He said visitors are not required to make appointments, and it’s not unusual for 15-20 people to just show up every week, and on some days, busloads of 300-400 people may stop. (During the U.S. delegation’s visit to the Ewijk site, a carload of women stopped at the farm to walk around looking at the hens.)
The central core’s second floor houses two heat exchangers that are used for climate control in the night quarters and to pre-dry and dry manure that then is marketed to farmers as a crop fertilizer or to processors to produce garden and lawn ingredients.
A Rondeel house produces about 30,000 eggs per day that are packed and sold exclusively to the Albert Heign supermarket system.
A Rondeel carton is referred to as a “Rondeel green box” because it’s made from potato starch and quickly decomposes in the “bio-box” composts that Dutch households keep. Each carton contains seven eggs, emphasizing a message that one should consume an egg every day.
Zanders said the carton has been quite successful in capturing consumers’ imagination. He said studies have shown that a consumer spends just eight seconds deciding if he or she wants to buy eggs and, if so, which eggs, and Rondeel eggs are chosen quickly.
He noted that Rondeel eggs have received the three-star “Beter Leven” quality rating from the Dutch Society for the Prevention of Cruelty to Animals — a rating that actually is reserved for organic products, meaning that the society has high regard for the animal welfare environment in which the eggs are laid.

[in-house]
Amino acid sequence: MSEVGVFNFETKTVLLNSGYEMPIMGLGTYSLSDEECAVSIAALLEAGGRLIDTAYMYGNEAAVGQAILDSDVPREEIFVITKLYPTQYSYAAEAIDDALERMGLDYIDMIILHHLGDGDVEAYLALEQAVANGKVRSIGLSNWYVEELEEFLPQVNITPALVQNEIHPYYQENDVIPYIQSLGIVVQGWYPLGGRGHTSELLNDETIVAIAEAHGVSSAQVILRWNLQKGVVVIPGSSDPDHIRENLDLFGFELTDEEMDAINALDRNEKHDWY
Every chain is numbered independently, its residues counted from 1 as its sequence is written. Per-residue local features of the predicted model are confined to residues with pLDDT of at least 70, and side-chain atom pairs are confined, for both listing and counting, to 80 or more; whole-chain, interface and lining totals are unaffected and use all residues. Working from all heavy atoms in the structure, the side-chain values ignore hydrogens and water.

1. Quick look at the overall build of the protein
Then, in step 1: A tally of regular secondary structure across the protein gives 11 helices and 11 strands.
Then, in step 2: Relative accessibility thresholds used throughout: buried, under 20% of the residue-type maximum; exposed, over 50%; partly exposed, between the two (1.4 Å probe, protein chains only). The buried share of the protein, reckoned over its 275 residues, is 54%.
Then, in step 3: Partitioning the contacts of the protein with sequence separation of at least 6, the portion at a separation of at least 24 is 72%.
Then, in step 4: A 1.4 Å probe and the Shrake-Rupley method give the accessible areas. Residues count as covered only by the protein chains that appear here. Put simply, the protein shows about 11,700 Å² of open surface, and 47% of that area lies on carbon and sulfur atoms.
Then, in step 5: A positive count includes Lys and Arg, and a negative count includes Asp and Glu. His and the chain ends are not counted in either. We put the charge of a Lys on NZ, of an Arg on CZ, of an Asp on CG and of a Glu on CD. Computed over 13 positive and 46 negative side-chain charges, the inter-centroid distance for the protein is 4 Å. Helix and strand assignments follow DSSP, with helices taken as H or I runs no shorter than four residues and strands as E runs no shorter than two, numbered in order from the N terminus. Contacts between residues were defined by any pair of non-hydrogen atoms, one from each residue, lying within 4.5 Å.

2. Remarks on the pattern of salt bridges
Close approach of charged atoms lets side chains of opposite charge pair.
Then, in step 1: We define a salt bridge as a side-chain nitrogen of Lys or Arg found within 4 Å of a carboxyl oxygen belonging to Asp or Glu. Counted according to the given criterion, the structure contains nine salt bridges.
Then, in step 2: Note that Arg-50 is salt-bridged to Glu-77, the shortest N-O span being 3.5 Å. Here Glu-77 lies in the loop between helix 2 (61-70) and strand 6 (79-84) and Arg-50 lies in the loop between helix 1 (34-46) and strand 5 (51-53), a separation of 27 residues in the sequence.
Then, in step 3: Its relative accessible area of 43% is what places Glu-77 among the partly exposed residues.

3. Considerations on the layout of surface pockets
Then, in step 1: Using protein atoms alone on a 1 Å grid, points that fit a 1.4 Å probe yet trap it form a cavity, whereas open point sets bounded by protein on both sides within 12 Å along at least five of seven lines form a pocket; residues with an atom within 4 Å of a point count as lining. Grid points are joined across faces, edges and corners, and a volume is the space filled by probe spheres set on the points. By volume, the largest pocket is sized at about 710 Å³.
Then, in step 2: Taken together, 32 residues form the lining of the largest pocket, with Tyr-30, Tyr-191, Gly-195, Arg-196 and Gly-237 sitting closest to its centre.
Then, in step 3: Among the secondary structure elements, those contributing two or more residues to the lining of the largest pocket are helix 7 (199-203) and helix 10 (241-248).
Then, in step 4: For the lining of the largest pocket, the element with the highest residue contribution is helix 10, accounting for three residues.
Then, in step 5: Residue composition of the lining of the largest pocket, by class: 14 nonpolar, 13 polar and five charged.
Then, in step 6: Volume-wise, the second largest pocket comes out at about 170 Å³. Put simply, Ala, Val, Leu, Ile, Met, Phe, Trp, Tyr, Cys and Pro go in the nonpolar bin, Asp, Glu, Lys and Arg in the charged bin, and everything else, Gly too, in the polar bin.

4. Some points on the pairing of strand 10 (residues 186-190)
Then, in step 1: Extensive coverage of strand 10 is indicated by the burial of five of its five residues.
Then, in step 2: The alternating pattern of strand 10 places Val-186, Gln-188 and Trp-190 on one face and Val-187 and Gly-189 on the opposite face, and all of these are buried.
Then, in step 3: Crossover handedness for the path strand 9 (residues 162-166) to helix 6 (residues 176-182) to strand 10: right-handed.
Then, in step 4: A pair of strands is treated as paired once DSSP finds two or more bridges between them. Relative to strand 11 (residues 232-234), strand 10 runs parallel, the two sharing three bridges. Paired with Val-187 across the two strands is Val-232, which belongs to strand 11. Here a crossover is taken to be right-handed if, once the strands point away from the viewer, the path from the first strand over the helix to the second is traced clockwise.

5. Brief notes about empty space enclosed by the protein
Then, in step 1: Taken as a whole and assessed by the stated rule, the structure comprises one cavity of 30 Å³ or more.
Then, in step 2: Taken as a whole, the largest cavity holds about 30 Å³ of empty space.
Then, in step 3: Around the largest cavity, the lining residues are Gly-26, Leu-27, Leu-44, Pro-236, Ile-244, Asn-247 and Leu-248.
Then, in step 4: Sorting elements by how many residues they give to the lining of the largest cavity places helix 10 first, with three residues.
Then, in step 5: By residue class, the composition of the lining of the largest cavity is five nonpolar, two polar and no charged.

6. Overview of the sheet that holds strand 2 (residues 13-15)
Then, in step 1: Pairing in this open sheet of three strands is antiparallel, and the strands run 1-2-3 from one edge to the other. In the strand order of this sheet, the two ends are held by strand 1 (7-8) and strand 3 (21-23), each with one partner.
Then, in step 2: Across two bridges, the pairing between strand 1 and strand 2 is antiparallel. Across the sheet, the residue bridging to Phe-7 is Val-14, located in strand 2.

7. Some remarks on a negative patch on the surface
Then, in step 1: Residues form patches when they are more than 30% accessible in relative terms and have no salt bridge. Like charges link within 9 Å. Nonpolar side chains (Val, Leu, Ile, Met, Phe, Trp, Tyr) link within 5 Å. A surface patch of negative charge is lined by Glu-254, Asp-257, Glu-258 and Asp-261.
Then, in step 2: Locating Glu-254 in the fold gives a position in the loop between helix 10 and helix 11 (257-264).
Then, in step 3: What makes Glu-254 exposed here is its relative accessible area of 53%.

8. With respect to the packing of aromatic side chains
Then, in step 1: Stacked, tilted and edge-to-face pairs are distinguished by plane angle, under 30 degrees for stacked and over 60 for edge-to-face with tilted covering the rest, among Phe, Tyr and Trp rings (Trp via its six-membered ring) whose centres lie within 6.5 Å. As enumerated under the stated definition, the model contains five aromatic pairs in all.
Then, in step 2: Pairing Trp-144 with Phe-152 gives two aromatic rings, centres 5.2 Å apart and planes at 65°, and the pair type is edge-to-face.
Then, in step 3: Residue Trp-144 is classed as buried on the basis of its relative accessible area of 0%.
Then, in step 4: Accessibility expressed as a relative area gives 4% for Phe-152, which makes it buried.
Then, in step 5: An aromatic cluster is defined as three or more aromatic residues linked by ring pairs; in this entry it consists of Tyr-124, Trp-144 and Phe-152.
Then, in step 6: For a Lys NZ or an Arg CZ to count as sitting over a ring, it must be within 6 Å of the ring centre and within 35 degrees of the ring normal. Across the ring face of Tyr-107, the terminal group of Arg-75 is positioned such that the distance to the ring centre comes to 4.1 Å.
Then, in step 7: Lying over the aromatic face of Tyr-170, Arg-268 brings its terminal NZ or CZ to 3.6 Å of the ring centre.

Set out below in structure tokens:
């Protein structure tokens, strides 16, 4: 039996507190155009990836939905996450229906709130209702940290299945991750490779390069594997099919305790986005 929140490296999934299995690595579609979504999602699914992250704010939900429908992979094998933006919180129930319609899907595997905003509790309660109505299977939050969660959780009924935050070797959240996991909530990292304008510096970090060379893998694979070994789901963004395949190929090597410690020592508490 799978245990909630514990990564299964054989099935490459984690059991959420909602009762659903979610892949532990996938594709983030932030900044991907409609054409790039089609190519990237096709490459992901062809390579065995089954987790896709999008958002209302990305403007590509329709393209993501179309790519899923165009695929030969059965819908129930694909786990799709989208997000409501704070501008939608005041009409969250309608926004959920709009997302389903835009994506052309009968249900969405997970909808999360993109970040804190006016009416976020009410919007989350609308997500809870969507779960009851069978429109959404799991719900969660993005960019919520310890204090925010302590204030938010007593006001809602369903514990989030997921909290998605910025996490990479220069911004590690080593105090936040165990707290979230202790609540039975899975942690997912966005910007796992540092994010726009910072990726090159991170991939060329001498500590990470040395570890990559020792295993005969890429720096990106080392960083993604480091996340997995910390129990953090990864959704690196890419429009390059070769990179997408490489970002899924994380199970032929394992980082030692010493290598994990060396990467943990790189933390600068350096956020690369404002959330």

He also noted that Rondeel eggs have won “Miliekeur” recognition for the production system’s environmental sustainability.
Zanders said Rondeel egg production, therefore, is promoted in corporate social responsibility reports as having resolved “conflicts” involving animal welfare, environmental stewardship and the economics of production.
As for those economics, Zanders acknowledged that an egg farmer needs “a fair income,” one that reimburses him for the additional costs of a Rondeel production system. Thus, he said, in return for having the exclusive market for Rondeel eggs, Albert Heign purchases them on a contract that ties a base price to feed costs and fl uctuates with the feed costs.
At an Albert Heign supermarket in amsterdam, Rondeel eggs, which are brown eggs, were the most expensive, priced at €1.99 ($2.46) per seven-egg carton — or $4.22/doz. The least expensive were Ewo-shopper white eggs, which were €1.25 ($1.54) per 10-egg carton — or $1.85/doz.
Zanders said a Rondeel farmer owns his house, equipment and hens, which are normally paid for in 10-20 years. Zanders said the Rondeel division collects a small royalty from the egg sales.
Vencomatic, headquartered in Eersel, Holland, with offices and plants in Canada, the U.S., Brazil, the U.K. and Thailand, is a global manufacturer and supplier of poultry production equipment and housing and is recognized for animal welfare innovations. It is part of the Venco Group.
This article is written by Rod Smith and reprinted from the Aug. 27, 2012, edition of Feedstuffs Newspaper, USA.